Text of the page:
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Old 10-05-2012, 01:47 PM   #36
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Frodo,


No Chill is scoffed at by some, but it's widely practiced in Australia. They have collectively brewed enough to offer some proof.
Not to change the subject but what exactly is the no chill method?
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Old 10-05-2012, 02:11 PM   #37
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It just means you let the wort cool on it's own after the boil, without using any methods of cooling it quickly

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Old 10-05-2012, 07:31 PM   #38
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From all the recipes I have and books I've read, steeping should happen once you have your original 2.5-3 gallons of water between 155-160 degrees. From speaking with the guys at my brew shop, anything above 15 minutes is too long. Remember the specialty garins are only inended for color and flavor additions and not so much for any reasonable portion of your actual sugar build. Unless I'm short on base malt and want to keep them in longer (which will take on some tannins), stick to no more then 15 minutes. Don't forget, how thin the grains are milled will also have an impact on what's extracted if you're steeping. Most brew shops mill for mashing not steeping.

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Old 10-06-2012, 02:18 PM   #39
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Default Having to pull out the bible on you, this early in the day??

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That's what I was thinking too.... first half of the thread is like watching the blind lead the blind.

OP, the guy telling you that you've extracted all sorts of tannins from steeping grains is either making it up or is regurgitating something he/she read regardless of having experience with the subject or not.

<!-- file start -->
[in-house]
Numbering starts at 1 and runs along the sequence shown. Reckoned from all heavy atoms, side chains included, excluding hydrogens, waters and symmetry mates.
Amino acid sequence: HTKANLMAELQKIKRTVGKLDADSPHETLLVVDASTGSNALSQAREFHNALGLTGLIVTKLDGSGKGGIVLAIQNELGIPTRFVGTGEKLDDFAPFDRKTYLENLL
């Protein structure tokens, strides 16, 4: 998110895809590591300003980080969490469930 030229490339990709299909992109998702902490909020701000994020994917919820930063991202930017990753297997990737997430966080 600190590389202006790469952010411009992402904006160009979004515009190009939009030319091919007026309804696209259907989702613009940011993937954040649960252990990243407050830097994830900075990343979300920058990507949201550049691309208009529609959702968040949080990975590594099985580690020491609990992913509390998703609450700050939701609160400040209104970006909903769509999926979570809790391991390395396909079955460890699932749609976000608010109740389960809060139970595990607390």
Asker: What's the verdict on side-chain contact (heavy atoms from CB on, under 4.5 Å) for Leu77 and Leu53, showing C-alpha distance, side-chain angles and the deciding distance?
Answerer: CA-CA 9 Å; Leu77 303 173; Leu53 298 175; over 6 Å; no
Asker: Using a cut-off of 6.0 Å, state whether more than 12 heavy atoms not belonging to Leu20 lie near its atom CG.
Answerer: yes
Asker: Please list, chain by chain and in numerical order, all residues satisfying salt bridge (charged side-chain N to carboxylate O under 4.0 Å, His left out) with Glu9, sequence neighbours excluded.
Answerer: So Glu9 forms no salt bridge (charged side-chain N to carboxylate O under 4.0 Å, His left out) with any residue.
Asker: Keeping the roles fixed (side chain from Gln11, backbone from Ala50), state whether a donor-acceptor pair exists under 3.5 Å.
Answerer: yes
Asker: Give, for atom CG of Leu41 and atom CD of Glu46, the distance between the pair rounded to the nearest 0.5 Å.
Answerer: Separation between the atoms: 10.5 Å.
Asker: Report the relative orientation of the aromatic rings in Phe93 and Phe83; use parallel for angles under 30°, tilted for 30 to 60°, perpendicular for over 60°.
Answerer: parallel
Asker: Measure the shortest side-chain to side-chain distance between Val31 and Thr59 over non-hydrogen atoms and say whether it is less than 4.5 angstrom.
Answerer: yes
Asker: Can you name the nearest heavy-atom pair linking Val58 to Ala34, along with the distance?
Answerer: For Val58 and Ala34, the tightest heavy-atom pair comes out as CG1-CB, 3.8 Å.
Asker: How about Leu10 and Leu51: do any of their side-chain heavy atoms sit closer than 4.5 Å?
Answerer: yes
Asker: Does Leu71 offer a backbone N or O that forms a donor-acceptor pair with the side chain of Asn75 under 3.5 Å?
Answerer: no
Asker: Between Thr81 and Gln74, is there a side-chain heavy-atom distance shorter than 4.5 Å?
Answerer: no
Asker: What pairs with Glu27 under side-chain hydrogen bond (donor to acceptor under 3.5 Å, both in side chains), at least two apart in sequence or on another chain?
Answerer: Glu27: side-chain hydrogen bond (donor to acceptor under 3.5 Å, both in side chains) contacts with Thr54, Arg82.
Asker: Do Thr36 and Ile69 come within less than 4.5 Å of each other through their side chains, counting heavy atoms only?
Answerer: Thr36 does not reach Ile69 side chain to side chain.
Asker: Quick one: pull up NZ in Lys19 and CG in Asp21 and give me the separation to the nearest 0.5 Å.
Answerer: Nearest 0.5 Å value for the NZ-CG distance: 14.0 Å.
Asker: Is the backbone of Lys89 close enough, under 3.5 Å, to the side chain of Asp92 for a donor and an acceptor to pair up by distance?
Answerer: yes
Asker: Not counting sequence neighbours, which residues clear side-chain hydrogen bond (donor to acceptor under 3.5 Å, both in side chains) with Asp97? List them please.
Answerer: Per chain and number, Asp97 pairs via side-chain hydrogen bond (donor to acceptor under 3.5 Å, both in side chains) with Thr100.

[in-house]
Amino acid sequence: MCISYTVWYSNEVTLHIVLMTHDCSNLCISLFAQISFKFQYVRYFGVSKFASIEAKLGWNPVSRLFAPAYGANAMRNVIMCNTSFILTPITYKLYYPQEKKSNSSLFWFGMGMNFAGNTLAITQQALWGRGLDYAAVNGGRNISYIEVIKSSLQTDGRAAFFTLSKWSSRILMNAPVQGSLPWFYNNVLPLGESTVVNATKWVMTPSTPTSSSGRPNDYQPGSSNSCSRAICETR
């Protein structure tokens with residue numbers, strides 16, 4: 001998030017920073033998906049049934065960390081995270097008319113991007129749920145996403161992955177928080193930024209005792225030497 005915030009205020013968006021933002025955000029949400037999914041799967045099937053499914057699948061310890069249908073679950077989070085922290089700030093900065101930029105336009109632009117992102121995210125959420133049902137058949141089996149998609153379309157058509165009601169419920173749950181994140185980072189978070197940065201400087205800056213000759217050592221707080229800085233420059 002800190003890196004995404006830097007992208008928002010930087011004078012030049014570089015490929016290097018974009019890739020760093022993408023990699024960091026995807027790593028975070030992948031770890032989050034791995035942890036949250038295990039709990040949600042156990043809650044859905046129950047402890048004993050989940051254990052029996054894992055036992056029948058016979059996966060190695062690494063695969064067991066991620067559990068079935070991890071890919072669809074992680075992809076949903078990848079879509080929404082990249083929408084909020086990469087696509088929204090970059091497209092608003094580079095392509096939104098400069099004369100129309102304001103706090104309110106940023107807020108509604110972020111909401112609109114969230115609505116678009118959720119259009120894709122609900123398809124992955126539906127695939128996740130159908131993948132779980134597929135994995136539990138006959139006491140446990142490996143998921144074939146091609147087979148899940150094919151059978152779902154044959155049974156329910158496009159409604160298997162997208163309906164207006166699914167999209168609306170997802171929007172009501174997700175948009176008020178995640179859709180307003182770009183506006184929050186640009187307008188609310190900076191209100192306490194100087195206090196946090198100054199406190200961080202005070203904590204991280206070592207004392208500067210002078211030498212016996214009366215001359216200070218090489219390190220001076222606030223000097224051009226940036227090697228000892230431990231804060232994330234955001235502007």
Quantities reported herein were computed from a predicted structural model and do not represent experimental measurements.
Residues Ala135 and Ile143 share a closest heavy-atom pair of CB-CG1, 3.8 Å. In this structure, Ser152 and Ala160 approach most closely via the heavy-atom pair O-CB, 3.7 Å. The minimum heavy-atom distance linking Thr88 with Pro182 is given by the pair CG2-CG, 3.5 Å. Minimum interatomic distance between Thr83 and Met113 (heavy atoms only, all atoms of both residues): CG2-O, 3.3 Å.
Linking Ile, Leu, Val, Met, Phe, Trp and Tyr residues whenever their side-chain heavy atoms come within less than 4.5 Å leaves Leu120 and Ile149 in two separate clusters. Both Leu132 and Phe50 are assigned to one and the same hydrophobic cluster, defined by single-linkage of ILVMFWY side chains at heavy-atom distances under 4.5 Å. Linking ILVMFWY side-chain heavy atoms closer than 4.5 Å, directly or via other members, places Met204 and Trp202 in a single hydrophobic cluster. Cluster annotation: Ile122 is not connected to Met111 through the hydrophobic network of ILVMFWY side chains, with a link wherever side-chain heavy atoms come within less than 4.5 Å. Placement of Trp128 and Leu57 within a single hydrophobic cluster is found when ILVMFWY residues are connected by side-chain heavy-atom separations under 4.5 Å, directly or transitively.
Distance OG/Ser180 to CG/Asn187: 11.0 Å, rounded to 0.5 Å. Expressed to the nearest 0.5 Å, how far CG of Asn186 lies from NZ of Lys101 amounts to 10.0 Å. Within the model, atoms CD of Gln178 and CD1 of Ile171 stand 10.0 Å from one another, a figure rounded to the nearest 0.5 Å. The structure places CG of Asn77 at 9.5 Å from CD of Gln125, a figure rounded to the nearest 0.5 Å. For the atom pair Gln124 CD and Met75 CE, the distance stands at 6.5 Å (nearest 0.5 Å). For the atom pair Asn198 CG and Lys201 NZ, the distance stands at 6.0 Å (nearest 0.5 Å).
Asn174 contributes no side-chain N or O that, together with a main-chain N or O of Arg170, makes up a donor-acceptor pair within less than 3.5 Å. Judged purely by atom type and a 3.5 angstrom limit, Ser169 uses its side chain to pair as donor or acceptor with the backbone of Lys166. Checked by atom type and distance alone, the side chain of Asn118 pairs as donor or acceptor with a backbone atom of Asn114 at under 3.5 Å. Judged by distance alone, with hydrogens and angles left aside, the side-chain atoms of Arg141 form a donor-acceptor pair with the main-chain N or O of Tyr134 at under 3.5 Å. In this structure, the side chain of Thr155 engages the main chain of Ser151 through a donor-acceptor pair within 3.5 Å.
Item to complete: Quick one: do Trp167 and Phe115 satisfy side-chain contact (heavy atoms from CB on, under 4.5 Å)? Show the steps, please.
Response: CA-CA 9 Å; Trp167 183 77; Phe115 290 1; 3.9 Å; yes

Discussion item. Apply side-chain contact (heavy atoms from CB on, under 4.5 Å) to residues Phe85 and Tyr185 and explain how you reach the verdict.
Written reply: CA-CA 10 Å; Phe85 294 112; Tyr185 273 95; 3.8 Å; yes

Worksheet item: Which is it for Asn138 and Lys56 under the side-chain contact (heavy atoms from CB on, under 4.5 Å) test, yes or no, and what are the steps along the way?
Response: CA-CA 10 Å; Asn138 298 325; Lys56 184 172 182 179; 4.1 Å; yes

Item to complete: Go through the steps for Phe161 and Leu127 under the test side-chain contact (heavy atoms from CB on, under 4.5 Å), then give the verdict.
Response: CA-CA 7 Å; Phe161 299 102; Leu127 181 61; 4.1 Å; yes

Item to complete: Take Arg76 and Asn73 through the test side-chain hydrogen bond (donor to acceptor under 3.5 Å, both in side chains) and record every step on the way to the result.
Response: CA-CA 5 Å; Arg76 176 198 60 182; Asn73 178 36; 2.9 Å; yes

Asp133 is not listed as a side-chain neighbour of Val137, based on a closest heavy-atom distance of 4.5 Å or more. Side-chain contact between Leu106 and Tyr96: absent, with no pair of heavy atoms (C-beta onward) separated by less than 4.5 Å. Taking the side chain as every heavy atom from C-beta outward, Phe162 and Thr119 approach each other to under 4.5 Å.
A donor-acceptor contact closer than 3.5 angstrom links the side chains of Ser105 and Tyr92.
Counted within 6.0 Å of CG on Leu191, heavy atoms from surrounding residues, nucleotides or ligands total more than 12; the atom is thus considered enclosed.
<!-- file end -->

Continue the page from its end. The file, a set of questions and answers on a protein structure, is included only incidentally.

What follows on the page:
As someone else pointed out, if high temps caused tannin extraction by themselves, people wouldn't use decoction mashes. Tannin production/extraction is much more closely linked to mash pH than it is to mash temp. In steeping, I don't really think any of this is a concern unless you've actually boiled the grains, and even then, I doubt you'd pull noticeable tannins out.
Plenty of extract kits come with the instructions to leave the grains in as you heat to a boil, removing just before boiling. People have made lots of good beer using those kits.
What you have here isn't a boogeyman, it's someone giving you bad advice. Your beer's undoubtedly going to be fine, and I'd be willing to bet free of any unwanted tannins as well.


Since I'm not in the habit of someone calling me or my brethren the boogeyman, I got up this morning, inspected by East Coast IPA fermenting away, and grabbed the bible or Homebrew scripture if you prefer.

It's not often I have to go Papazian on someone but here is goes.

Page 31 of The Home Brewer's Companion/The Essential Handbook under the sub-heading
"Using specialty malts without Mashing"
and I quote => For the ideal extraction of the favorable qualities of any malt, the crushed grain should never be brought to a boil. Some recipes and procedures guide beginning brewers to bring the specialty malts just to a boil and quickly remove them from the heat source. This is a simple procedure designed to encourage their use by beginning brewers. For those who desire to improve the quality of their beers with a small additional investment in time and attention, the grains should NEVER be steeped in water who temperature exceeds 170 degrees F (77 degrees C). The extraction of UNDESIRABLE TANNIN and ASTRINGENT characters is minimized with a lower-temperature steep" end quote

Let's remember one thing here, professional brewing in big vessels and homebrewing are two different things.

Have fun brewing and open a beer and enjoy!
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Old 10-06-2012, 02:25 PM   #40
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It just means you let the wort cool on it's own after the boil, without using any methods of cooling it quickly
Yeah and unless you want to invest in a wort chiller, buy a large bag of ice drop it in a big sink, fill it partially with water, add the ice, make sure your kettle doesn't sit too high in the ice water to avoid it tipping over (I use the one flat hand underneath the kettle bottom technique) to determine the amount of water needed. If you don't have enough ice, add from your fridge.

It should chill in less then 30-35 minutes below your desirable 80 degrees. It will cool down even further when you add the additional water to bring it to 5 gallons.